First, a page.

• Adequate recognition of the needs of the haulage industry, in terms of providing more practical and financial support for the transition to low emission vehicles and ensuring that the industry can still function effectively in urban areas as transport policy evolves;
  • Greater encouragement of and support for modal shift, including passengers from private cars to public transport and walking/cycling/wheeling, and goods from road to rail and water;
  • Increased investment in and support for low emission buses;
  • Greater focus on mobility hubs, for both goods and people;
  • Reduce government expenditure on roads infrastructure in favour of active travel;
  • A commitment to developing a fully integrated public transport system, including better provision in rural areas; and
  • A commitment to a full active travel network for Scotland.

Other points were also made by respondents. Workplace parking levies generated comments with no clear consensus, with small numbers being equally in favour and against. One respondent suggested that WPLs should distinguish between single occupancy and both shared vehicles and sustainable mobility e.g. car clubs. There was also no clear consensus on any long term moves towards working from home, with both the advantages and drawbacks being highlighted. On scrappage schemes, one respondent suggested the replacement should be mobility credits rather than a new vehicle (an arrangement which is currently in place via the Low Emission Zone Support Fund), whilst another was of the view that such a scheme should be targeted at the most polluted areas and to individuals on low incomes or in poor health. When encouraging active travel, one respondent highlighted the need to promote the economic and safety benefits, besides health and wellbeing, to further increase take up. Another respondent suggested creating a body similar to Active Travel England. One respondent thought that active travel funding should be provided directly to local authorities rather than by application, to streamline the process. Related to this point, one respondent called for the removal of match funding requirements to provide authorities with more flexibility. Several respondents felt that the increase in the active travel budget is presented in a misleading way and that this commitment should be reworded.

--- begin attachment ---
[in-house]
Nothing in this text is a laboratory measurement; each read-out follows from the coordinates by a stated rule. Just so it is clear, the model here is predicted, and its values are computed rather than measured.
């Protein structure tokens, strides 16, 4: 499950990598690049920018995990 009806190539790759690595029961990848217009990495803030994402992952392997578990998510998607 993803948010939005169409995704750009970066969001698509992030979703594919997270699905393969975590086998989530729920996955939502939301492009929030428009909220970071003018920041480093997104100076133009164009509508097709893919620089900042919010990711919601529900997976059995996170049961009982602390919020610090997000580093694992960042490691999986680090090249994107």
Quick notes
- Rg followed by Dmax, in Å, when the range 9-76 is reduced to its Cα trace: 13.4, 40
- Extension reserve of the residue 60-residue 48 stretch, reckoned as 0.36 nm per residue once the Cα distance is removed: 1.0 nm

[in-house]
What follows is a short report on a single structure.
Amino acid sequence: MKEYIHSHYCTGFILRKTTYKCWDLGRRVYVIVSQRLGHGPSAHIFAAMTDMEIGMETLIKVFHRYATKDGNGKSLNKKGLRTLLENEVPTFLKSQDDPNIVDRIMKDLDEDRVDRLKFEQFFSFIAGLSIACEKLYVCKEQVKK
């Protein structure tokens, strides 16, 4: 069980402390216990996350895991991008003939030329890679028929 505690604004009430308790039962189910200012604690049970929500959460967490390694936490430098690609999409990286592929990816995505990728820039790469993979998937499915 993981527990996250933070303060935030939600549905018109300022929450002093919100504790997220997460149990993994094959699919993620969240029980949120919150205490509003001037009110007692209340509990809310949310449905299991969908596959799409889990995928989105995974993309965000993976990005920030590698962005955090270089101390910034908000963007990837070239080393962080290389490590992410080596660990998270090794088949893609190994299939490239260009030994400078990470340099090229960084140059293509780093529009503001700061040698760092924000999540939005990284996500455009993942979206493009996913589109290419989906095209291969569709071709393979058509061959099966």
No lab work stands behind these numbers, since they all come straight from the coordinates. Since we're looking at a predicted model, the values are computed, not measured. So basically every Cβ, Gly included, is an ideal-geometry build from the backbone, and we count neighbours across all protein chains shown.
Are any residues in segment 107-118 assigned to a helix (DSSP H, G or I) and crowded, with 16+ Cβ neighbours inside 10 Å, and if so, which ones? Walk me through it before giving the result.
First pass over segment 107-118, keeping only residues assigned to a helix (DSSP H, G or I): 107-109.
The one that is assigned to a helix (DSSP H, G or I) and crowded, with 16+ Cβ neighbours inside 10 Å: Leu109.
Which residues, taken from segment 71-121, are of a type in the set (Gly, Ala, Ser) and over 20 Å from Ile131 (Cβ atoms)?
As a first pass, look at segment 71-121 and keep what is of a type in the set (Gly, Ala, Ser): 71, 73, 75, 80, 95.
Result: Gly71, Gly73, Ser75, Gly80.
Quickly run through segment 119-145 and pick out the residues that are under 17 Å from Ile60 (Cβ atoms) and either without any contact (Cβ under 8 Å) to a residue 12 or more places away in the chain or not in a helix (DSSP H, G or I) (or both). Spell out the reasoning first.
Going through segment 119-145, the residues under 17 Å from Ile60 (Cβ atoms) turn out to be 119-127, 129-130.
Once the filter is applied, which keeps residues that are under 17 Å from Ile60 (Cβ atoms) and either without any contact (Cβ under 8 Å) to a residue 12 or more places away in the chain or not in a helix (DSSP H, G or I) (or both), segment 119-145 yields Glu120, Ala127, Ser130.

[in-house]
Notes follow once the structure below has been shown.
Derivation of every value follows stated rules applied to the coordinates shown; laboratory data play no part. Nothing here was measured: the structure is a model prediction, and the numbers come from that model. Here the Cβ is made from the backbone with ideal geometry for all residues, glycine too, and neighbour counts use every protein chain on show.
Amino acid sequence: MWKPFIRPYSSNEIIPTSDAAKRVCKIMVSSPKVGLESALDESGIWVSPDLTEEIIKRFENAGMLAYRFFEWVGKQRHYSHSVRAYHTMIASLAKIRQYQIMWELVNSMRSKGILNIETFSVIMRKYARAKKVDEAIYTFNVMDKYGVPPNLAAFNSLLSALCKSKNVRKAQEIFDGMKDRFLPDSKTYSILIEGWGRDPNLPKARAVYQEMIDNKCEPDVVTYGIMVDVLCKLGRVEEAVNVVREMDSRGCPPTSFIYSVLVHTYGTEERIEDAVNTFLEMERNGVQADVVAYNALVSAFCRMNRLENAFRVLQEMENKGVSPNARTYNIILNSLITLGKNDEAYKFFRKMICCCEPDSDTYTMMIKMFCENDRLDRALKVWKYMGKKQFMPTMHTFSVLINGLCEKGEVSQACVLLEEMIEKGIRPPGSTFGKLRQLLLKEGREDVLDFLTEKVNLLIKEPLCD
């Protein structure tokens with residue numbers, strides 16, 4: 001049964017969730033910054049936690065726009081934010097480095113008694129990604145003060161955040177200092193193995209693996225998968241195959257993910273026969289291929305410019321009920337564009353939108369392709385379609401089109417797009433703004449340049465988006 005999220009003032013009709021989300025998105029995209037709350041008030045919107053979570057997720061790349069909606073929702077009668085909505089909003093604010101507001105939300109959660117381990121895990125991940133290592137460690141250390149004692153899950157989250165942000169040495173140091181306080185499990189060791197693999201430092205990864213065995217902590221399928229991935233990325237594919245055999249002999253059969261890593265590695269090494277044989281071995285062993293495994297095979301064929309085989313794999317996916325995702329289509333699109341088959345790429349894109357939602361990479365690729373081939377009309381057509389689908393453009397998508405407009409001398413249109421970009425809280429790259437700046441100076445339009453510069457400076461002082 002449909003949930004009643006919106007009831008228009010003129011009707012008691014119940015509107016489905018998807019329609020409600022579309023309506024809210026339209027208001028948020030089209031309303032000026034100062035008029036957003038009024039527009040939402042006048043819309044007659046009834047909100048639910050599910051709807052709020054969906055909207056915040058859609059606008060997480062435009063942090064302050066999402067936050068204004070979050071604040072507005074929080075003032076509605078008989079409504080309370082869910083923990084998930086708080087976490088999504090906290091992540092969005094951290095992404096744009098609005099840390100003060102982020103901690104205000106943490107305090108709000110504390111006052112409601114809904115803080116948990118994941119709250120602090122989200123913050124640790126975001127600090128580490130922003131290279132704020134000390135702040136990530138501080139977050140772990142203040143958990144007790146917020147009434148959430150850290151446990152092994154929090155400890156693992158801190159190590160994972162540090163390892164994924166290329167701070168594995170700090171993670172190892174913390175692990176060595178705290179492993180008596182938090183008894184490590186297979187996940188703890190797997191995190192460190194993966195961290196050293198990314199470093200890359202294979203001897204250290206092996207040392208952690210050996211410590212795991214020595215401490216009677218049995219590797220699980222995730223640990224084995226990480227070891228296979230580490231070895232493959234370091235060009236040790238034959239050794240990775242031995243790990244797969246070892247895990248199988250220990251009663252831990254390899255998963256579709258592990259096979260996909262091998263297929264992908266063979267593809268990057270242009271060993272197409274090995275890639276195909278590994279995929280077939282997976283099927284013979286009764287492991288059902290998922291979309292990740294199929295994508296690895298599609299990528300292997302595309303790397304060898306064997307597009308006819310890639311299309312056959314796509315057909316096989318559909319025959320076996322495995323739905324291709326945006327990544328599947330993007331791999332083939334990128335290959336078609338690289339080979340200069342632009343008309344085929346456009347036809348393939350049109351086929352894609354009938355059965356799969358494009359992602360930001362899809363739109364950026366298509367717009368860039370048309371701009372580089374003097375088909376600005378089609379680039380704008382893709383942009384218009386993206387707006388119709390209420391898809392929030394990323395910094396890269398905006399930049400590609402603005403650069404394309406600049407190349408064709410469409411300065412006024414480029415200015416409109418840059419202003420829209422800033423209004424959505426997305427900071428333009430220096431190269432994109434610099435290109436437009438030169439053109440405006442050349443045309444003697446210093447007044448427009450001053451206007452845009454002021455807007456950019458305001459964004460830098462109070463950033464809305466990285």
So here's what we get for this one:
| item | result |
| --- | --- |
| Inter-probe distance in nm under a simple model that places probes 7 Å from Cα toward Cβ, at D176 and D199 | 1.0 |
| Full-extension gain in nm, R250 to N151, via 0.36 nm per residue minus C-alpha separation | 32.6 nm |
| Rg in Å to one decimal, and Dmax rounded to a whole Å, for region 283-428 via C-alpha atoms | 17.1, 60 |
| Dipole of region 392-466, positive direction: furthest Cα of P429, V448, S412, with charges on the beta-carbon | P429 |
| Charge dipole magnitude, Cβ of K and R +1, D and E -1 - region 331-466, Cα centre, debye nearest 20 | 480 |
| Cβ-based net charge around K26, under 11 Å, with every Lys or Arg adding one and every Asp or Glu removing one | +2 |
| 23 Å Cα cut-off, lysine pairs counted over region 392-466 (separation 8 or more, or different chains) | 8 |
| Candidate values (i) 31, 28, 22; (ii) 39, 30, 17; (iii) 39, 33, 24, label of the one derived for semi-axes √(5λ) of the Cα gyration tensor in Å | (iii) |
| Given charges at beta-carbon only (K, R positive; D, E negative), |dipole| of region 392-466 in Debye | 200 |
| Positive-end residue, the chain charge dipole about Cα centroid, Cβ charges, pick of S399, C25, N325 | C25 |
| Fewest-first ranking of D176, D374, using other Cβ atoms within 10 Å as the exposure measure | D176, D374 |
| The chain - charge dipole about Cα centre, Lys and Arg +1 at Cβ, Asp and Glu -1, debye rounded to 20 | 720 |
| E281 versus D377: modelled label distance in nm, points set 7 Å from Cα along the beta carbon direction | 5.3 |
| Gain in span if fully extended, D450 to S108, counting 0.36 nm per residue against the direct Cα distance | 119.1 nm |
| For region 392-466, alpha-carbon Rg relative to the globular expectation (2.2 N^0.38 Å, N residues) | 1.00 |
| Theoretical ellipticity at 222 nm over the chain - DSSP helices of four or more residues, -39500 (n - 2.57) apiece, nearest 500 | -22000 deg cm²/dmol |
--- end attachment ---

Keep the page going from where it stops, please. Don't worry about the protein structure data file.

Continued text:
Three respondents noted that the strategy does not cover either aviation or shipping, considering these to be significant omissions. The omission of fleet recognition schemes was also noted by two respondents. Three respondents suggested mandatory 20mph zones in all built up areas. On buses, besides the general request for more investment, two respondents suggested expanding free bus travel to other groups and one for an investigation into the reasons for decreased bus usage in many areas.